AASM: “I’m a recovering alcoholic…”


“I’m a recovering alcoholic, approaching fifteen months of sobriety. I attend AA meetings twice a week, which my boss has been really great about supporting. However, she holds monthly staff meetings at this upscale bar and lounge her friend owns. I have told her that I don’t feel comfortable being in an environment where everyone is drinking and for a while she was supporting my decision not to attend. Lately though, she’s been pressuring me to start going again. She says I’m missing important information and that I’m not being a ‘team player.’ I told her that I’d be happy to attend staff meetings in the salon, but I can’t go to a bar. My addiction was very severe (life-threatening) and I don’t think I’ll ever be at a place where I can safely step into that environment.

She refuses to move the meetings just to accommodate me. The last time we talked about it, she seemed very impatient with me and told me I was being melodramatic. She accused me of not wanting to go and using my alcoholism as an excuse. What do I say to her to help her understand? Should I just find a new job?”

The problem isn’t that your employer doesn’t see your alcoholism as an illness–it’s that she seems to assume you can recover from it much in the same way you’d recover from the flu. She needs to understand that time doesn’t heal addiction the way that it heals injuries or viral infections. This is a disease you will struggle with for the rest of your life.

To get her to understand this, I suggest either providing her with information on alcoholism, bringing her to a meeting, or having your sponsor speak with her. Go ahead and show her this post if you want.

You’ve already made it clear that you’re not using your alcoholism as an excuse not to attend by communicating to her that you’d be happy to attend if the meetings were held elsewhere–so the argument that you’re using your addiction as “an excuse” is entirely invalid. Telling you that you’re being “melodramatic” is incredibly ignorant and insensitive. It says a lot about her character and lack of maturity that she would say that to you and stubbornly refuse to change the meeting venue.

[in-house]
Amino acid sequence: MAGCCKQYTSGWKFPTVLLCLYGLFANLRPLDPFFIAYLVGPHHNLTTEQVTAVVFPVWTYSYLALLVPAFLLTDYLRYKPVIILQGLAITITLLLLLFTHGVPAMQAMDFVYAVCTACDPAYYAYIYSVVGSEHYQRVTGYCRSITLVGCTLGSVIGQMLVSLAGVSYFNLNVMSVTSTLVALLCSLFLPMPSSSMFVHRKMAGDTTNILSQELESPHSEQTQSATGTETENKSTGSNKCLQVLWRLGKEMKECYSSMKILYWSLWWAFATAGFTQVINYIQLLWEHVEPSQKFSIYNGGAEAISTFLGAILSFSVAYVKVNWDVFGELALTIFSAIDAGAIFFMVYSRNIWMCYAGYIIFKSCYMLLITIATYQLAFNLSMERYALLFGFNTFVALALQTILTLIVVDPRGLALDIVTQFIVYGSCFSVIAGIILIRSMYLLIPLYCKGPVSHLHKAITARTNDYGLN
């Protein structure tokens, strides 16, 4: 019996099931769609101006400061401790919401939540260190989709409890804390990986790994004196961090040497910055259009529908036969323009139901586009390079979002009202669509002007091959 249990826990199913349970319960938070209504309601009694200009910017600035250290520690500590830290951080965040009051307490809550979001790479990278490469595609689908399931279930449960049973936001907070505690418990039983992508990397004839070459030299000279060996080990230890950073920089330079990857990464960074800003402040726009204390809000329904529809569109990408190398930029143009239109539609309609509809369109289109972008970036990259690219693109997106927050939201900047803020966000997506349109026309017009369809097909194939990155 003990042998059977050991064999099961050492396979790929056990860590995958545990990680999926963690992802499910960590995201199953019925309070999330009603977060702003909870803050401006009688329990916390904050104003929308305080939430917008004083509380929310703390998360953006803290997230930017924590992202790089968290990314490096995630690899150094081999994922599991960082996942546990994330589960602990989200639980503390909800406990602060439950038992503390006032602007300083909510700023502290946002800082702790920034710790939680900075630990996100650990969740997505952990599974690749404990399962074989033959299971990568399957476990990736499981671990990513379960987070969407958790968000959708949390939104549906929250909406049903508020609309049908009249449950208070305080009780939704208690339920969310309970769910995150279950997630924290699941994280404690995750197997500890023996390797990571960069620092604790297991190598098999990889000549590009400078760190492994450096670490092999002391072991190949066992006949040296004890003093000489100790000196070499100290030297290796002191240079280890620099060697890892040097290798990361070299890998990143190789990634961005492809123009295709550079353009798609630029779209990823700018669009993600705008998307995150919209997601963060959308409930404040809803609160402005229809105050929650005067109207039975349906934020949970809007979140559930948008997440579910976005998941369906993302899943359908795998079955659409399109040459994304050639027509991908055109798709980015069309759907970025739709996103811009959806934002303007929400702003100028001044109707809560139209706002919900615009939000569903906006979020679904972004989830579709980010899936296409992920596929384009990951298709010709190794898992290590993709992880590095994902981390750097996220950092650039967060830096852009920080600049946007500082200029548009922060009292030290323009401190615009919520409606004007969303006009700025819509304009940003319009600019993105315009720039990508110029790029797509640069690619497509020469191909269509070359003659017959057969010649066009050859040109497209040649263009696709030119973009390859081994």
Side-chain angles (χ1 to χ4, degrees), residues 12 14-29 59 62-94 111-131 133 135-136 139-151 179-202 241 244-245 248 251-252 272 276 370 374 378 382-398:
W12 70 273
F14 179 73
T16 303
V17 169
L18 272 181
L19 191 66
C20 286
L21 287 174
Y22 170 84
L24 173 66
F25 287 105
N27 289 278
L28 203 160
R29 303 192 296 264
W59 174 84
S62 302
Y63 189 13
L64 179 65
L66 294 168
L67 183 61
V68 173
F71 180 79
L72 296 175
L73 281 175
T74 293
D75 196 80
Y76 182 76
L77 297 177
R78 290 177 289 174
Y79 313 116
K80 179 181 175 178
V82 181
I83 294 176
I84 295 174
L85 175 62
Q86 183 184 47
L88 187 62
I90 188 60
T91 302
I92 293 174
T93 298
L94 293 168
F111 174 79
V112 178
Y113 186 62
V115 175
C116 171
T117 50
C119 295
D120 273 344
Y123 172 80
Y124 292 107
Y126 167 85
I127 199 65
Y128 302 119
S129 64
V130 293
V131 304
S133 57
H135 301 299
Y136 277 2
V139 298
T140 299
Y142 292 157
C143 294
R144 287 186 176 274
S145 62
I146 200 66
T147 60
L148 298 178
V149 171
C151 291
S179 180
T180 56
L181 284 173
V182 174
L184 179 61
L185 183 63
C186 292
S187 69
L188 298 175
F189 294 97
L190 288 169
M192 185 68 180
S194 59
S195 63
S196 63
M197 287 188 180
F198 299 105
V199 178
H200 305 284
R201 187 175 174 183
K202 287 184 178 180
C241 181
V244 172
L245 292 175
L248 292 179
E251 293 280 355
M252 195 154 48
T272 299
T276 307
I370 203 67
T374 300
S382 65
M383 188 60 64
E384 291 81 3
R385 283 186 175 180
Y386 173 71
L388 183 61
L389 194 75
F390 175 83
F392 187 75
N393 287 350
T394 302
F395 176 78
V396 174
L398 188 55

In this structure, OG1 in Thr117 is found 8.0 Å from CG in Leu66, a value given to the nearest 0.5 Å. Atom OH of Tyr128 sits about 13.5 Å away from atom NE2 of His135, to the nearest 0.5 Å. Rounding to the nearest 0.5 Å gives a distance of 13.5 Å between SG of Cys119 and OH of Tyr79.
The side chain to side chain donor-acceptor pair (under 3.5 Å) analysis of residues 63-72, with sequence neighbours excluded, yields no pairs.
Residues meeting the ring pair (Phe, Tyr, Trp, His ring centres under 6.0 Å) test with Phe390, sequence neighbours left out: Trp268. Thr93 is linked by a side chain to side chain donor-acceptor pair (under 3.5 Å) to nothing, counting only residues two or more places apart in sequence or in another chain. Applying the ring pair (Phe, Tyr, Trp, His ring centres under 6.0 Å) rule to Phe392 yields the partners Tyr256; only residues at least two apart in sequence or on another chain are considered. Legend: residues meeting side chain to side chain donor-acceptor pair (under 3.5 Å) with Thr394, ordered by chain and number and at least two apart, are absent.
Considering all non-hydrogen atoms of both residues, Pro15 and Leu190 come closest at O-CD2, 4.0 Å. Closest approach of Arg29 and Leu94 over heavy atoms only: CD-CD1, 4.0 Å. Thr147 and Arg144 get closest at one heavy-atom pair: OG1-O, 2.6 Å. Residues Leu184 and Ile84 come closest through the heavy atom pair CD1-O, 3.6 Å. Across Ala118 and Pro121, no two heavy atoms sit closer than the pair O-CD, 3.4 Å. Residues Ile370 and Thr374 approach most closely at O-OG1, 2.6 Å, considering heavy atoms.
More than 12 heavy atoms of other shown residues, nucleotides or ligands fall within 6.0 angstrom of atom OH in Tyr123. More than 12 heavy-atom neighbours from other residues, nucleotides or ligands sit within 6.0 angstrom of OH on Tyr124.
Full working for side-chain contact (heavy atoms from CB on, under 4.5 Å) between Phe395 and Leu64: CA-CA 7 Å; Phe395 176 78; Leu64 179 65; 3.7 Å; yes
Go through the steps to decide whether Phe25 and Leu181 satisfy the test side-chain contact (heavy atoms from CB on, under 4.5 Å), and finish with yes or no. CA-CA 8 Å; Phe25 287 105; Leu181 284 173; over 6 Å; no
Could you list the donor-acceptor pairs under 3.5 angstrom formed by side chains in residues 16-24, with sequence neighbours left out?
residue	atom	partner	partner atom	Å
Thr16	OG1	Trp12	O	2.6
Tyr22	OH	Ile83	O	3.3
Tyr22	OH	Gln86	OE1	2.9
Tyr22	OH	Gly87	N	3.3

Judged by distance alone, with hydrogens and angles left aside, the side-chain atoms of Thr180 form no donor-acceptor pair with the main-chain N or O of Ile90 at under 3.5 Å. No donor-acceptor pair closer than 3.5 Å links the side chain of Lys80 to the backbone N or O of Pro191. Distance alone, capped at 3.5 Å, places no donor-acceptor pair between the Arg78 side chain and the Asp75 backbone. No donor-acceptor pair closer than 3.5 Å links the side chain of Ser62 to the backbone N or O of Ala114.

I’m not certain about the feasibility of making a claim for reasonable accommodation on the basis of your addiction as a disability, but I’m willing to bet any judge reading the ADA would determine that your owner needs to be holding the meetings in a more appropriate setting.

In my opinion, it is unreasonable, unfair, and cruel to expect you to risk relapsing for something as petty as an employee meeting. If she can’t understand the struggles you’re facing, you might be better off finding an employer who can and who will respect your commitment to recovery.

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Beauty industry survivalist, salon crisis interventionist, tactical verb-weapon specialist, and the leader of at least a hundred workplace revolutions, Tina Alberino is known as much for her extensive knowledge as for her sarcastic wit and mercilessly straightforward style. She’s the author of the book The Beauty Industry Survival Guide and the blog This Ugly Beauty Business. When she’s not writing, educating, or consulting, she can be found overthinking everything, identifying problems people didn’t know existed, and stubbornly working to change the things she cannot accept.


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